Referring to the accompanying drawing, a bucket 1 when in use contains a cleaning liquid 2 for use in a cleaning operation, for example a floor mopping operation. A dirt trap is provided by a dirt-receiving mat element 3 which rests on the bottom of the bucket 1 and covers the whole area thereof.
The element 3 is an assembly comprising a fibrous pad section 4, a lower filter layer section 5 and an upper two-dimensional surface array of closely spaced fronds such as 6 secured at their bottom ends to the pad section 4. The fibrous form of the pad section 4 provides a threedimensional mesh structure such that disturbances in the liquid 2 cannot wash back out into the body of liquid 2, to any material extent, dirt particles deposited from the liquid 2 and which settle into the inter-fibre spaces of the pad section 4. Suitable for the pad section 4 is a bonded random fibre material, for example a material consisting of bonded nylon/polyester staple fibres with a vinyl adhesive binder and a cross-linking melamine resin.
Thus, the pad section 4 collects the deposited dirt and then acts as an effective disturbance barrier against currents in the liquid washing the dirt back out from the element 3. As a further protection the fronds 6 have a buoyancy such that they "float" and extend upwardly in a generally upright fashion when there is no, or very little, disturbance of the liquid 2. However, when the disturbance is high, as when rinsing out a mop in the bucket 1, the fronds 6 lie down more or less flat against the top of the pad section 4 and thus cut off that section from the disturbance.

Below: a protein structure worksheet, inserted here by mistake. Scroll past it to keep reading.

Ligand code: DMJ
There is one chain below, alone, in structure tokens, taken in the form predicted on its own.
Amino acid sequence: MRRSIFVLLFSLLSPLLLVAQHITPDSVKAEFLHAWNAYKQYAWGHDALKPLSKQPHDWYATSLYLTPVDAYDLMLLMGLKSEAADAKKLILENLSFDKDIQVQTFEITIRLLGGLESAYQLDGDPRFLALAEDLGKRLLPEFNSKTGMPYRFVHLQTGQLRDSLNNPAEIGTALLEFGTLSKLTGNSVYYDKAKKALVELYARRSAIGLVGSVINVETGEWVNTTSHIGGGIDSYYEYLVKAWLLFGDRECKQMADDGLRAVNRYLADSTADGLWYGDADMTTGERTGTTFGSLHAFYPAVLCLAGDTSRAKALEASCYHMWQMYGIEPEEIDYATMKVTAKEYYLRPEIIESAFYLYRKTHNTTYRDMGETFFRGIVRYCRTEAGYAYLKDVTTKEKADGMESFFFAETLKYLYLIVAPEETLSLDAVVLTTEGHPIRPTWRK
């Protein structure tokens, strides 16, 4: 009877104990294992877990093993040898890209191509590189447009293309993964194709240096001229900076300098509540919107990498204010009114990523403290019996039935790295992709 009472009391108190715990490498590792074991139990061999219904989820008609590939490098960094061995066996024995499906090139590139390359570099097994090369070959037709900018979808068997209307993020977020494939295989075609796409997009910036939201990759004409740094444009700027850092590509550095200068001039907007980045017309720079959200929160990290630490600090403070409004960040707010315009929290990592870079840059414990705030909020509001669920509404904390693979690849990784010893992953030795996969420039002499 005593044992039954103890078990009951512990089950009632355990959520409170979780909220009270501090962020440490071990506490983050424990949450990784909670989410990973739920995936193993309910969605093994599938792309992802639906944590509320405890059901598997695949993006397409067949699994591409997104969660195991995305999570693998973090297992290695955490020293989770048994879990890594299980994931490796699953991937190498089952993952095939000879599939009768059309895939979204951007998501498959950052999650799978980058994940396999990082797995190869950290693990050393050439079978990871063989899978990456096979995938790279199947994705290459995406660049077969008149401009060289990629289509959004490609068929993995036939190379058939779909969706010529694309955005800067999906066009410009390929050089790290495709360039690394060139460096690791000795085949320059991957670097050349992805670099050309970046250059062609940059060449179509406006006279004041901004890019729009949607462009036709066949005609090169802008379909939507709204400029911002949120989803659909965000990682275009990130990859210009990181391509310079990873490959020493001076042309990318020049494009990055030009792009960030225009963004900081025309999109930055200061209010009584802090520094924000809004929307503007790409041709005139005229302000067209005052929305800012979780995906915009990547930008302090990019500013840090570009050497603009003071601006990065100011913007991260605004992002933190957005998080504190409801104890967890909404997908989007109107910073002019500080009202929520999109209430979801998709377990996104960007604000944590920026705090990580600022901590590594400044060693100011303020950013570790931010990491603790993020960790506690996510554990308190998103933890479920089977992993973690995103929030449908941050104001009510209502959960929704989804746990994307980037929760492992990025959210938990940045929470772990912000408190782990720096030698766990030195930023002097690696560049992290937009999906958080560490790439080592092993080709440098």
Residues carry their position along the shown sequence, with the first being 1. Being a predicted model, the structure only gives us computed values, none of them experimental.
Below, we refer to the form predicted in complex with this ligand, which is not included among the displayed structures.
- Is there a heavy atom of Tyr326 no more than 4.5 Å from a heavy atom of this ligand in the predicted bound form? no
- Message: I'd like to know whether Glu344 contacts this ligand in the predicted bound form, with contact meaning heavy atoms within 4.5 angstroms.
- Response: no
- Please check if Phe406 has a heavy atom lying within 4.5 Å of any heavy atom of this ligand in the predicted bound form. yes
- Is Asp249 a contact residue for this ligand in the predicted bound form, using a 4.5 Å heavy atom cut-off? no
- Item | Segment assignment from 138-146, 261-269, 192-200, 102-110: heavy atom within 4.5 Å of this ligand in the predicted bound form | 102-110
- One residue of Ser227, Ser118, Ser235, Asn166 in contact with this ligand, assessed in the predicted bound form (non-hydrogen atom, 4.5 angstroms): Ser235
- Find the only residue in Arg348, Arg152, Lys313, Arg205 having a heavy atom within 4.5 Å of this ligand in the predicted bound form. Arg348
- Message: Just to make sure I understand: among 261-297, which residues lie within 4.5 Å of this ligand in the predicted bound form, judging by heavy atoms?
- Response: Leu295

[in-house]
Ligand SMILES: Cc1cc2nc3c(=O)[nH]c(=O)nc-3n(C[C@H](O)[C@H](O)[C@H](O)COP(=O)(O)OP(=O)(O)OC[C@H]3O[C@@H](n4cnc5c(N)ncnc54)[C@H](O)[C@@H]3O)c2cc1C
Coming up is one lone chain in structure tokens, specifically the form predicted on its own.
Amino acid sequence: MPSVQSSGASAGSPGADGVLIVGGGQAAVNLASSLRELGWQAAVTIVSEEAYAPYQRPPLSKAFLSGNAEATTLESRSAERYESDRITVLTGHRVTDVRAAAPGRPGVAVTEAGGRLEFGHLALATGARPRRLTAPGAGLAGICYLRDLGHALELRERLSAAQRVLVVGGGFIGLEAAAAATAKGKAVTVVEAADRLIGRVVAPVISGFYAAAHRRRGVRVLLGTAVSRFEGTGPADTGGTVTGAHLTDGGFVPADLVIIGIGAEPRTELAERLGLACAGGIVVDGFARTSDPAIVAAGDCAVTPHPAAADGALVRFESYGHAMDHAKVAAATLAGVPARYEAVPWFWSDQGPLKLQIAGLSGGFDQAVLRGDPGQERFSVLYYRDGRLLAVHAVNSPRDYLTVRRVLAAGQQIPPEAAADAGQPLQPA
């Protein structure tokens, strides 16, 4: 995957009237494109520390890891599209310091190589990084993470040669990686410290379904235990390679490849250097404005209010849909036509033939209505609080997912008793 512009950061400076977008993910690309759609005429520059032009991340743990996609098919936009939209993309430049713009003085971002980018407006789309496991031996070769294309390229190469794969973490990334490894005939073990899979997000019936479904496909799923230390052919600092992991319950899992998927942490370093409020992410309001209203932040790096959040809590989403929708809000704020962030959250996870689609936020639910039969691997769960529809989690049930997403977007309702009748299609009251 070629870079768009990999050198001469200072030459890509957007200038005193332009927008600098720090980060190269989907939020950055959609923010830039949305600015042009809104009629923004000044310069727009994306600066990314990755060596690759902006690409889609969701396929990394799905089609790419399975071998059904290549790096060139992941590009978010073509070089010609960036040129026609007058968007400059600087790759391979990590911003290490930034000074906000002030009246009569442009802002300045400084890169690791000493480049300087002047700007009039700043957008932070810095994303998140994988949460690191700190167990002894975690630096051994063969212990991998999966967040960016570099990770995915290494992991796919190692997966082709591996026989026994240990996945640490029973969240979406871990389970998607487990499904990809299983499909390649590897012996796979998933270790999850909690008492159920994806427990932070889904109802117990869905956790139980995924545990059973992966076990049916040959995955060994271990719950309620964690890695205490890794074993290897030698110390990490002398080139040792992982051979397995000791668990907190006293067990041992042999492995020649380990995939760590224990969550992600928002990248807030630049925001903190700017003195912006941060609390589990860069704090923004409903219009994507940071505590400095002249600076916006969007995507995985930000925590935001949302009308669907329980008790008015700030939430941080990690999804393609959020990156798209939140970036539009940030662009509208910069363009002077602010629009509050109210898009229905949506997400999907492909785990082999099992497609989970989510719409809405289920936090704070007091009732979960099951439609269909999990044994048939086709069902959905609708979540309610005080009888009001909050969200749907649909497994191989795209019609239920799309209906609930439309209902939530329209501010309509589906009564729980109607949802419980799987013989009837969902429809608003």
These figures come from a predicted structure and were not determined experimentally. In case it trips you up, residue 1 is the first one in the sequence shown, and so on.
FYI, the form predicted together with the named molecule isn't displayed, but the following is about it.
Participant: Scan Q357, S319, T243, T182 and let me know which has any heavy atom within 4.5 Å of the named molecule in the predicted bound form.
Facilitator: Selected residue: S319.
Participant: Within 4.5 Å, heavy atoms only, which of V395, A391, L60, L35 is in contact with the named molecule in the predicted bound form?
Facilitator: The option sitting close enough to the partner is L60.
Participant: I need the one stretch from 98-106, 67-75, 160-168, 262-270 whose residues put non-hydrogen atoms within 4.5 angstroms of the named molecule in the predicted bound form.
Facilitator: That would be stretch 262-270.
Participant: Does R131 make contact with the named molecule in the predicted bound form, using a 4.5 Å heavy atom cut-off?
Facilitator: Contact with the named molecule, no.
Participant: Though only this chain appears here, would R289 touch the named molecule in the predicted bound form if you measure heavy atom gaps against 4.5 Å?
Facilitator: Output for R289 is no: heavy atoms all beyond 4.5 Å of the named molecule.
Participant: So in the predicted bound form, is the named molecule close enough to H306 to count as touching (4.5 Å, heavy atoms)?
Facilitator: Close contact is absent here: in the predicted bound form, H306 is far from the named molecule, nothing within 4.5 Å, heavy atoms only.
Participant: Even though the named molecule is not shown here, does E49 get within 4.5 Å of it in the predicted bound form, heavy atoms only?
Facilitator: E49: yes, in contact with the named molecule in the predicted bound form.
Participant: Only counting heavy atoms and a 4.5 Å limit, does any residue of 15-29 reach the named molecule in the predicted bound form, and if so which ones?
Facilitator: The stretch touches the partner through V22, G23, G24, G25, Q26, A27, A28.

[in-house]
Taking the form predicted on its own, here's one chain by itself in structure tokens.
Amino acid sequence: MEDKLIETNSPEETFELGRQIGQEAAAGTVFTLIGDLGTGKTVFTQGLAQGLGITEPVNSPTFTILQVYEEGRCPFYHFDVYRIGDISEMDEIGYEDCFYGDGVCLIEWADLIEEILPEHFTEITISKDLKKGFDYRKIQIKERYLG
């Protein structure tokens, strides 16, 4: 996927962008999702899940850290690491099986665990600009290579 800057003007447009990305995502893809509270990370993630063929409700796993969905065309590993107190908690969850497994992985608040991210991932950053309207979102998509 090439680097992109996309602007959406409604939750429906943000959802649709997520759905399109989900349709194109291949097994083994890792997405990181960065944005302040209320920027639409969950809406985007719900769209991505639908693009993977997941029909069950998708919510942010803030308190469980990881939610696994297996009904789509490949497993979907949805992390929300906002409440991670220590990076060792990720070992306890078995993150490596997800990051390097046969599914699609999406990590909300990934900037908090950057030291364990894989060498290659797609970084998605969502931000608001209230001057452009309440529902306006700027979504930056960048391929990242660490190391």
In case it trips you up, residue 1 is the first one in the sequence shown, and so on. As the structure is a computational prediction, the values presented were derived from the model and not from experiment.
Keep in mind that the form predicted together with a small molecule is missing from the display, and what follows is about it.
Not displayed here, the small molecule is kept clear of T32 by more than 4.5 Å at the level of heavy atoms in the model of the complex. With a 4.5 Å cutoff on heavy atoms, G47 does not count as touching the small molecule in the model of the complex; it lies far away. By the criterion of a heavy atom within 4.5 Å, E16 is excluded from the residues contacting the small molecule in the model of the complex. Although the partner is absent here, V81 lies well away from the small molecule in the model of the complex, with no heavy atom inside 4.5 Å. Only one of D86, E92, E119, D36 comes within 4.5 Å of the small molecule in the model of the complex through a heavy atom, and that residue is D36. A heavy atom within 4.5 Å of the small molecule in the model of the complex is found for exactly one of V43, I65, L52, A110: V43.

Larger dirt particles transferred by a mop, for example, to the cleaning liquid 2 settle out under gravity and collect in the upper pad member 4 of the element 3. After a reasonable amount of dirt has been collected the element 3 is removed by the operator and cleaned out, for example being hosed off in a sink. A suitable lifting tool (not shown) is provided, or alternatively lifting means such as opposite side handles 7 are attached to the element 3, so that the hands of the operator do not enter the liquid 2 when removing the element 3.
After it has been cleaned out the element 3 is replaced, being placed by the operator on top of the liquid 2. The element 3 then sinks under gravity through the body of the liquid 2 until it again rests on the bottom of the bucket 1 as shown in the drawing. As the element 3 sinks to the bottom of the bucket 1 it collects and filters out from the liquid 2 smaller particles which did not previously settle out in the pad section 4. Thus larger particles are collected in a passive manner by the pad section 4 and smaller particles which do not settle out on their own are collected in an active manner by the lower filter section 5.
While we have illustrated and described our invention in its preferred form, it will be apparent that the same is subject to alteration and modification without departing from the underlying principles involved, and we accordingly do not desire to be limited to the specific details illustrated and described except as may be necessitated by the appendant claims.